“Tanya is a reader and we are therefore not at all surprised that she instinctively turns to his library to find out who he really is. The contents, or indeed lack of contents, of the bookshelves are always a good indication of the character of the owner.” This is true! In visiting someone’s house or apartment, I always check out their bookshelves — a way of taking the measure of the man, as the saying goes.

    Liked by 1 person

  8. Oh, it’s just as I remembered it! (which is a good thing!) All my thoughts and ideas from the first time I read it came back like familar old friends. I was a little worried because reading back at that age was such a visceral, visual journey, and I didn’t want to ruin my memory of the experience. But it held the test of time!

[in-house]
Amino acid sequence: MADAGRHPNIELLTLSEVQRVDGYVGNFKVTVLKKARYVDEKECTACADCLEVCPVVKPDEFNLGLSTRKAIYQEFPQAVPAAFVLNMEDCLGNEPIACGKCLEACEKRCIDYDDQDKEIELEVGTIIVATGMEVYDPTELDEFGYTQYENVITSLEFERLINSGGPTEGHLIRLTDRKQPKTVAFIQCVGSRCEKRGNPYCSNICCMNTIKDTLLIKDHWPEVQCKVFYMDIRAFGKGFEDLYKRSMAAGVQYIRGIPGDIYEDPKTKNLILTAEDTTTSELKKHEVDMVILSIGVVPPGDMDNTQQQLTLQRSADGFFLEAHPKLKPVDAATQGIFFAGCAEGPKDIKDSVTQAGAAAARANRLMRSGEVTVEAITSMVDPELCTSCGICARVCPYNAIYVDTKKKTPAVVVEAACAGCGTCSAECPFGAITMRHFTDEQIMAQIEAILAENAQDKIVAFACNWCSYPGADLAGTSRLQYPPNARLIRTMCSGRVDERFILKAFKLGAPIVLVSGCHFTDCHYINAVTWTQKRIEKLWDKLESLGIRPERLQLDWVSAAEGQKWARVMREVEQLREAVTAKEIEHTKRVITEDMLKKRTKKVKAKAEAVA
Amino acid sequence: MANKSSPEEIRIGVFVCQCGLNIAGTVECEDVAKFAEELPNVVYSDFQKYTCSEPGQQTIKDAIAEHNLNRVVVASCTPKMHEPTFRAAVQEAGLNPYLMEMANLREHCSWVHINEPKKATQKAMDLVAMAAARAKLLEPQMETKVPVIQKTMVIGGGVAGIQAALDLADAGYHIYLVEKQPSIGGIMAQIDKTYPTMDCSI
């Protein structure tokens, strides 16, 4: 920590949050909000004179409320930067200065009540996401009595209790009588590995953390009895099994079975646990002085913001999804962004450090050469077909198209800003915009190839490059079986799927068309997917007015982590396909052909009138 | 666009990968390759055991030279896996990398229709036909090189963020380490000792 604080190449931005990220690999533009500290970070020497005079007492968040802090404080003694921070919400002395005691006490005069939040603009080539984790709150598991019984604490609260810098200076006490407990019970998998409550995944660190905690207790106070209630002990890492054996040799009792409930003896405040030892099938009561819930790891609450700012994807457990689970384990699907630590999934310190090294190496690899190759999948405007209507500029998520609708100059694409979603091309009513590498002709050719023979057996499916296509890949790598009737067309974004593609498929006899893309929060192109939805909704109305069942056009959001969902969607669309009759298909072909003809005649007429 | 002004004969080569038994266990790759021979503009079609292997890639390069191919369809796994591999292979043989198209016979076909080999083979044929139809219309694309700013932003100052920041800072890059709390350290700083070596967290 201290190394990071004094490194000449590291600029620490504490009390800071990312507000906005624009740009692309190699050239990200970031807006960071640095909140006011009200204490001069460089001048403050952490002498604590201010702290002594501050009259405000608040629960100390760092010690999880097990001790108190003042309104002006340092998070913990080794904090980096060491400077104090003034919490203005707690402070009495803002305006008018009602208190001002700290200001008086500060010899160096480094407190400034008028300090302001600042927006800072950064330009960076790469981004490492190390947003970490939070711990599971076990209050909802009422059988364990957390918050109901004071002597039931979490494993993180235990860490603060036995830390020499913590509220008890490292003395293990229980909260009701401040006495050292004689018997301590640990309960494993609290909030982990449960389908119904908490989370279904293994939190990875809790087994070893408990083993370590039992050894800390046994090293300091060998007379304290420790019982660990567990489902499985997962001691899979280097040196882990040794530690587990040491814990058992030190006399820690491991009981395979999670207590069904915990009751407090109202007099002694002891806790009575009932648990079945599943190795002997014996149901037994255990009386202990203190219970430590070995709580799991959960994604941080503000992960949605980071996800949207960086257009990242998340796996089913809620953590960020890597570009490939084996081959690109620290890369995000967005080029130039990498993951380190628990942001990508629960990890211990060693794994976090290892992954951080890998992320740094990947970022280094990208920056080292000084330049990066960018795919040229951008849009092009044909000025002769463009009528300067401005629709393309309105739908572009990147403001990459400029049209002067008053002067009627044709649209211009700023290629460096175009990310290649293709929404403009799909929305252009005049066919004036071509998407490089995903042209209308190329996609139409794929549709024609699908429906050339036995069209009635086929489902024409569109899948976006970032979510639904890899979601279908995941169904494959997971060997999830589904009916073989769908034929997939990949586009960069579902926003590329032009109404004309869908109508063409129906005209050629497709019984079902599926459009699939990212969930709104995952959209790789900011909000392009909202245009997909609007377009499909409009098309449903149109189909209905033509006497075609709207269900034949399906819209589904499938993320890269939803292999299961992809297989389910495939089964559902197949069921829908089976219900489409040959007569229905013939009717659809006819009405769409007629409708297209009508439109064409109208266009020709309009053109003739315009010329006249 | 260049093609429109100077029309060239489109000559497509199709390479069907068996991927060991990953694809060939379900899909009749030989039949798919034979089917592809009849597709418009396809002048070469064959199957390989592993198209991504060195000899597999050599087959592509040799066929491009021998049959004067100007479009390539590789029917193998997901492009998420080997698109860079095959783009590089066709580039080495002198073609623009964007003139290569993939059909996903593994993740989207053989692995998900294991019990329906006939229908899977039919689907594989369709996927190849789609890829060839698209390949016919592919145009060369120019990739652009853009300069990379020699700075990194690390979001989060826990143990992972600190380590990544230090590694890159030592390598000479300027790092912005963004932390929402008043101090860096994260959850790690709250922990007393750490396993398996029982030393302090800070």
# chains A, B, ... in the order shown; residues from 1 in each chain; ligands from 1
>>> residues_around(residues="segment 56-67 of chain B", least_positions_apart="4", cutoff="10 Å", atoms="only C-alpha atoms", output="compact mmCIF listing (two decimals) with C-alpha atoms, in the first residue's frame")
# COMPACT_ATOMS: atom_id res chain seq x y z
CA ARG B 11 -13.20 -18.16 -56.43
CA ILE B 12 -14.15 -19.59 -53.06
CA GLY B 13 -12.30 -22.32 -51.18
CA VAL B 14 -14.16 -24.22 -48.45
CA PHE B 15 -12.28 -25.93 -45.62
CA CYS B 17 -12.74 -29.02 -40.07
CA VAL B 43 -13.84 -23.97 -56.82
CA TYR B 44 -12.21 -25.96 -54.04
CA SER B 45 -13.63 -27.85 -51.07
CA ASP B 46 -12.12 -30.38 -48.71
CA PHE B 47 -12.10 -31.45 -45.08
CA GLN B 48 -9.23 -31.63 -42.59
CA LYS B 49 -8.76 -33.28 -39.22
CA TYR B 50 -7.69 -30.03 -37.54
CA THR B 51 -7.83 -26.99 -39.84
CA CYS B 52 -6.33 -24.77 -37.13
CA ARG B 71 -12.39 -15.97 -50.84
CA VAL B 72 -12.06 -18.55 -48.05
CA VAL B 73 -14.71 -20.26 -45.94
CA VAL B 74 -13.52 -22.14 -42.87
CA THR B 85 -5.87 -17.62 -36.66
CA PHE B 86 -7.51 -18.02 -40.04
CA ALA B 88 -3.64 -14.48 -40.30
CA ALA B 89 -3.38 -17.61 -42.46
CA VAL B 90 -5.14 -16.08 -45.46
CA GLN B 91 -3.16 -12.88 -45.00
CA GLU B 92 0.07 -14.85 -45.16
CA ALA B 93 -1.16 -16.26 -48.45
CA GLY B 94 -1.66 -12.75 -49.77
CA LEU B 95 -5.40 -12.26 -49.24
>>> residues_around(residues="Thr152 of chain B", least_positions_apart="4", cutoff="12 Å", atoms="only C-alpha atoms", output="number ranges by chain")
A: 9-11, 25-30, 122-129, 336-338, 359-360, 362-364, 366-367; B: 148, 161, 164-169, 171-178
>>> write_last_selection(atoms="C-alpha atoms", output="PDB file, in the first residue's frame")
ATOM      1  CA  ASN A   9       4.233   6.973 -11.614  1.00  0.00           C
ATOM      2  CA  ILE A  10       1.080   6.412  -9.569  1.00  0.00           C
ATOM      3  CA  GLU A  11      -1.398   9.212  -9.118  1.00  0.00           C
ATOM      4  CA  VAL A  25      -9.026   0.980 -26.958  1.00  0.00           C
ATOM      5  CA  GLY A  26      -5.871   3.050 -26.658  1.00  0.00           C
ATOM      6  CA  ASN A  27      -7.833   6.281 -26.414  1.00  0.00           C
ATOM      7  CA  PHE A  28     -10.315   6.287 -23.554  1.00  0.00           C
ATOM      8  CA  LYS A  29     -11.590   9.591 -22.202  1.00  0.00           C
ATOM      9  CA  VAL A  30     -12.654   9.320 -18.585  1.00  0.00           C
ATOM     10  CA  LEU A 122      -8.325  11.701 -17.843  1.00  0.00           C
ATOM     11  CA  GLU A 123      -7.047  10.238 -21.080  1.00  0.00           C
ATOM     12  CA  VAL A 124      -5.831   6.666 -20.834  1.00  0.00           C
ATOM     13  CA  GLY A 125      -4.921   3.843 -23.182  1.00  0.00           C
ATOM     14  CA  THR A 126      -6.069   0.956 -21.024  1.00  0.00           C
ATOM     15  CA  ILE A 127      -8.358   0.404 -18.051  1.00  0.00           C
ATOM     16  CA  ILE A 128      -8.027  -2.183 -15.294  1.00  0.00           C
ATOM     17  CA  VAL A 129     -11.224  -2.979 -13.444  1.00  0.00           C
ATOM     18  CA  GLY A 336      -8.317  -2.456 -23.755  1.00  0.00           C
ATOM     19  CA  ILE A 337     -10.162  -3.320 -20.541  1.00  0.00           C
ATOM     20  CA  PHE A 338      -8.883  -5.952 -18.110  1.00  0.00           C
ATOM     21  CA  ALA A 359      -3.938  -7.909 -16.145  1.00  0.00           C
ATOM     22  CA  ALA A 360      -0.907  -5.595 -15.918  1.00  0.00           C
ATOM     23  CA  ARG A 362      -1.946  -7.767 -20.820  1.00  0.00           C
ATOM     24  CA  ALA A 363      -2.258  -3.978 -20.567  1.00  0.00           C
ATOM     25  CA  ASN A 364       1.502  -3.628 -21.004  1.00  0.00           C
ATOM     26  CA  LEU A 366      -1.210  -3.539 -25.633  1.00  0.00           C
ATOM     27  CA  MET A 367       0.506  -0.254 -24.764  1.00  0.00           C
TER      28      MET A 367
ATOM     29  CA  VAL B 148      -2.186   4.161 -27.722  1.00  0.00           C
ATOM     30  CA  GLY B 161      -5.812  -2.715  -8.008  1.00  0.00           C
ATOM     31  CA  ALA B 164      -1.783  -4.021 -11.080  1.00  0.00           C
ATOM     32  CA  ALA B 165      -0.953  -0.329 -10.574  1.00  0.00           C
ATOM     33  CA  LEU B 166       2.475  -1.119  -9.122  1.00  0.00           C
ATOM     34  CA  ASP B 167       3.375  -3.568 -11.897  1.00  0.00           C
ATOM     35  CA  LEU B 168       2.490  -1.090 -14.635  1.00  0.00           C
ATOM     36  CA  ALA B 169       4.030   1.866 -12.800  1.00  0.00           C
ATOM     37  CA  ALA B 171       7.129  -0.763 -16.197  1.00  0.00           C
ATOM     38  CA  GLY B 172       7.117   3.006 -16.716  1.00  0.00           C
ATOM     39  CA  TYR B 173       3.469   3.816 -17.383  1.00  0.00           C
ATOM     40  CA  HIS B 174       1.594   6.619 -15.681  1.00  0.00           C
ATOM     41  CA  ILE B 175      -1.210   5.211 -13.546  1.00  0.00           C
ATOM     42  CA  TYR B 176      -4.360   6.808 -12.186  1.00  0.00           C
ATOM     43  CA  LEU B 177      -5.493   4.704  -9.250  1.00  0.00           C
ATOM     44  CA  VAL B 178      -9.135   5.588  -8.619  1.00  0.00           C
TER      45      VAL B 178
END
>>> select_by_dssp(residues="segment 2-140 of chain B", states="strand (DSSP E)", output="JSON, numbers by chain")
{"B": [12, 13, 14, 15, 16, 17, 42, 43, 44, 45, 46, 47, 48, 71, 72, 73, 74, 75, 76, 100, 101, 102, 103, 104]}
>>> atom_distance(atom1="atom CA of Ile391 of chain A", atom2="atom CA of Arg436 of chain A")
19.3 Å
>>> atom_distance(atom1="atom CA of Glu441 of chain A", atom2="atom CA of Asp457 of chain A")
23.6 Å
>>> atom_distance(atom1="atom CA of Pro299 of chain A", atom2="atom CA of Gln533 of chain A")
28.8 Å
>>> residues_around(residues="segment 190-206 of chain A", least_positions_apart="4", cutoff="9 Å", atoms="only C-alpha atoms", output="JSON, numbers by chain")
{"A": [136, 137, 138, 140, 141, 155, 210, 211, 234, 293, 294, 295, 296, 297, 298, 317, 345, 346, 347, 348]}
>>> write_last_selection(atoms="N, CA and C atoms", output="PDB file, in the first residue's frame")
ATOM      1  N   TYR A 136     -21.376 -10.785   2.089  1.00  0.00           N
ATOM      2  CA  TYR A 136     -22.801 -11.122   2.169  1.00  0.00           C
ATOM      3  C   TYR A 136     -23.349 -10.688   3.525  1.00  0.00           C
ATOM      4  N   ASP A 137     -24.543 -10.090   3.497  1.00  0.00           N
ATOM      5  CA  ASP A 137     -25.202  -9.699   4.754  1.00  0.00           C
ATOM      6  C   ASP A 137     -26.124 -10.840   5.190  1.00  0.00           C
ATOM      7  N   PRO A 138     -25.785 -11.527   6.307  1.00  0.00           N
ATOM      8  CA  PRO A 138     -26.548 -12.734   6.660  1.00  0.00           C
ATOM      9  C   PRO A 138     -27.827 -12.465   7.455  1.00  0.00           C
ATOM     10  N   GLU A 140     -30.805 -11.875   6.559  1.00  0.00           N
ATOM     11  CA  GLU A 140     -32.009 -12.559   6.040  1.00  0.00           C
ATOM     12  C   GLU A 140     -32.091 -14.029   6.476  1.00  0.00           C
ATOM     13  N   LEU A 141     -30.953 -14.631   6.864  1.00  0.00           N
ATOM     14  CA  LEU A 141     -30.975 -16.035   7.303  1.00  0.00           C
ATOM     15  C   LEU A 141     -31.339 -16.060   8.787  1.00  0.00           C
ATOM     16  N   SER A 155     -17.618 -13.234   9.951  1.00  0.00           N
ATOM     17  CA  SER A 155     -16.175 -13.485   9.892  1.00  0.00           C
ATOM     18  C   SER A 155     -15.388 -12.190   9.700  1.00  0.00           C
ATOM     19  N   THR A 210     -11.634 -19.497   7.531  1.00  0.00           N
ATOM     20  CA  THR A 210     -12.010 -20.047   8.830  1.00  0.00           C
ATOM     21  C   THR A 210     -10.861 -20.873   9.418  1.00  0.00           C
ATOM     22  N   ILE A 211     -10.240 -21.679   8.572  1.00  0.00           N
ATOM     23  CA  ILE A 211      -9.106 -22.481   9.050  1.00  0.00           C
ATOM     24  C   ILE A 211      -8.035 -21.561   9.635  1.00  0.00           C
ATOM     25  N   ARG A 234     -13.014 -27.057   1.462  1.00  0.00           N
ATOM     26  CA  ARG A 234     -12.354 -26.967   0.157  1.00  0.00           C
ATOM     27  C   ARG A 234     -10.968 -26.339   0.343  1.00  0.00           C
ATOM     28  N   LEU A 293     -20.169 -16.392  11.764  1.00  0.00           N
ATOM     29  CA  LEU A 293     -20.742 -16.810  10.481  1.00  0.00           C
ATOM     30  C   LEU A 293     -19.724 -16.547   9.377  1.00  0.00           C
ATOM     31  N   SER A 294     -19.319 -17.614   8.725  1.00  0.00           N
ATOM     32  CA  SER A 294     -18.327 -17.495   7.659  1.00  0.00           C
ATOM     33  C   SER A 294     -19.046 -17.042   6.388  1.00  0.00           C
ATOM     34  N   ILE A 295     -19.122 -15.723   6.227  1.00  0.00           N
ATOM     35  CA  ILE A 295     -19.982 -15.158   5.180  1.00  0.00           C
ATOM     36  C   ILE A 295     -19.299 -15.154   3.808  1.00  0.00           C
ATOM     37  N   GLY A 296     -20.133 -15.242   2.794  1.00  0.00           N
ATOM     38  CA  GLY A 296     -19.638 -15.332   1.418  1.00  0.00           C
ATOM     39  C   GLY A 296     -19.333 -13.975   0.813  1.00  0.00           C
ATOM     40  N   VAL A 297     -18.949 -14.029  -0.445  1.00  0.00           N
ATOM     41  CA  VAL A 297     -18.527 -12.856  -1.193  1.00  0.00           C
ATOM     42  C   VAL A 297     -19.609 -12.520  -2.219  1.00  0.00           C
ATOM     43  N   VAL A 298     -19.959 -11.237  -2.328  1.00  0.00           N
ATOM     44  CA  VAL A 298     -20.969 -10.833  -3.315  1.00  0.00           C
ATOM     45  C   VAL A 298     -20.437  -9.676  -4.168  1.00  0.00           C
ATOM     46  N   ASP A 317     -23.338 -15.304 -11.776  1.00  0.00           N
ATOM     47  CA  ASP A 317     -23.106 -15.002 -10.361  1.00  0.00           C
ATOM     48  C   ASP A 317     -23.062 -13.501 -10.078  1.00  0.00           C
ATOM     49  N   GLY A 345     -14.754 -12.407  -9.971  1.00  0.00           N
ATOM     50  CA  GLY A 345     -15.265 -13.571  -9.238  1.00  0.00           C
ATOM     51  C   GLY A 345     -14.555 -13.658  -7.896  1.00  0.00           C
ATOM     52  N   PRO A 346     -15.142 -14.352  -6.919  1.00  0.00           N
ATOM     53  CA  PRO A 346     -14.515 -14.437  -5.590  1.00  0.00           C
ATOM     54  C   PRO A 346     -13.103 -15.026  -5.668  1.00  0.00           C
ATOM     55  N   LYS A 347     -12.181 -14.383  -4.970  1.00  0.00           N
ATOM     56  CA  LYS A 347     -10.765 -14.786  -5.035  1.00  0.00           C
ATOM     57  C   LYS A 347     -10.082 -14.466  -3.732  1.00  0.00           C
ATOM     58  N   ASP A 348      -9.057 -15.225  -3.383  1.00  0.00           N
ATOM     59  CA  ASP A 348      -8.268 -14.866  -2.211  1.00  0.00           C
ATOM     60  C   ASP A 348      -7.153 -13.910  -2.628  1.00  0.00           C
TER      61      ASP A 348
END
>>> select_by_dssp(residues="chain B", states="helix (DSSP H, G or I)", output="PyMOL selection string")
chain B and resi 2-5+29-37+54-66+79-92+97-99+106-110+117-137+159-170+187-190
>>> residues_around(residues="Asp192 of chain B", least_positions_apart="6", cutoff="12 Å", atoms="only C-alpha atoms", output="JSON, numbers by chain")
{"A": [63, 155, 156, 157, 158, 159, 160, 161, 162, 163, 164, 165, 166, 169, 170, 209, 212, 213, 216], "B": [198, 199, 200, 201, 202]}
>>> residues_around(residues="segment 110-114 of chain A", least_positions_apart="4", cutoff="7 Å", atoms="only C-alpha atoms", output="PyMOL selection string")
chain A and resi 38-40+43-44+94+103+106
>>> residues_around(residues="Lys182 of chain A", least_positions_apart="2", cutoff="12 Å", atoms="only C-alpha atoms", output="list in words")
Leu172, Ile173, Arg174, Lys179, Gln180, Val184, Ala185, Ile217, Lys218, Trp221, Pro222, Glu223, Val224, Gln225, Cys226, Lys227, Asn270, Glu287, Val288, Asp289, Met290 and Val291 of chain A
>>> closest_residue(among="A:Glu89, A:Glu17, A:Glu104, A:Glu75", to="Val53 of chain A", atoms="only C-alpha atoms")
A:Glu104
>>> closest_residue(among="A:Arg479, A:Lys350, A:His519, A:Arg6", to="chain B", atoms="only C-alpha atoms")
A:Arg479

Liked by 1 person

  9. That’s good to hear! I suppose that’s the difference between a masterpiece and a lesser work. I first read Anna Karenina when I was about 19, and reread it a few times since. I remembered things like Kitty’s arms feeling cool like marble when she went to the ball.

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  10. A library, like the shell of a sea creature, is a prochronism, a history expressed in our form of how we solved adaptational problems. As a manifestation of ones memory palace, it acts as a key by which we may open and enter former times and liminal states, a gate of becoming which frees us from our anchorages in time and from our material limits.Pushkin himself entered such a visionary state with the writing of the great poem of authenticity and falsification which is Eugene Onegin; more than predicting his own death, he transcended the boundaries of existence through its writing, like the husk of a cicada which has sung itself utterly away.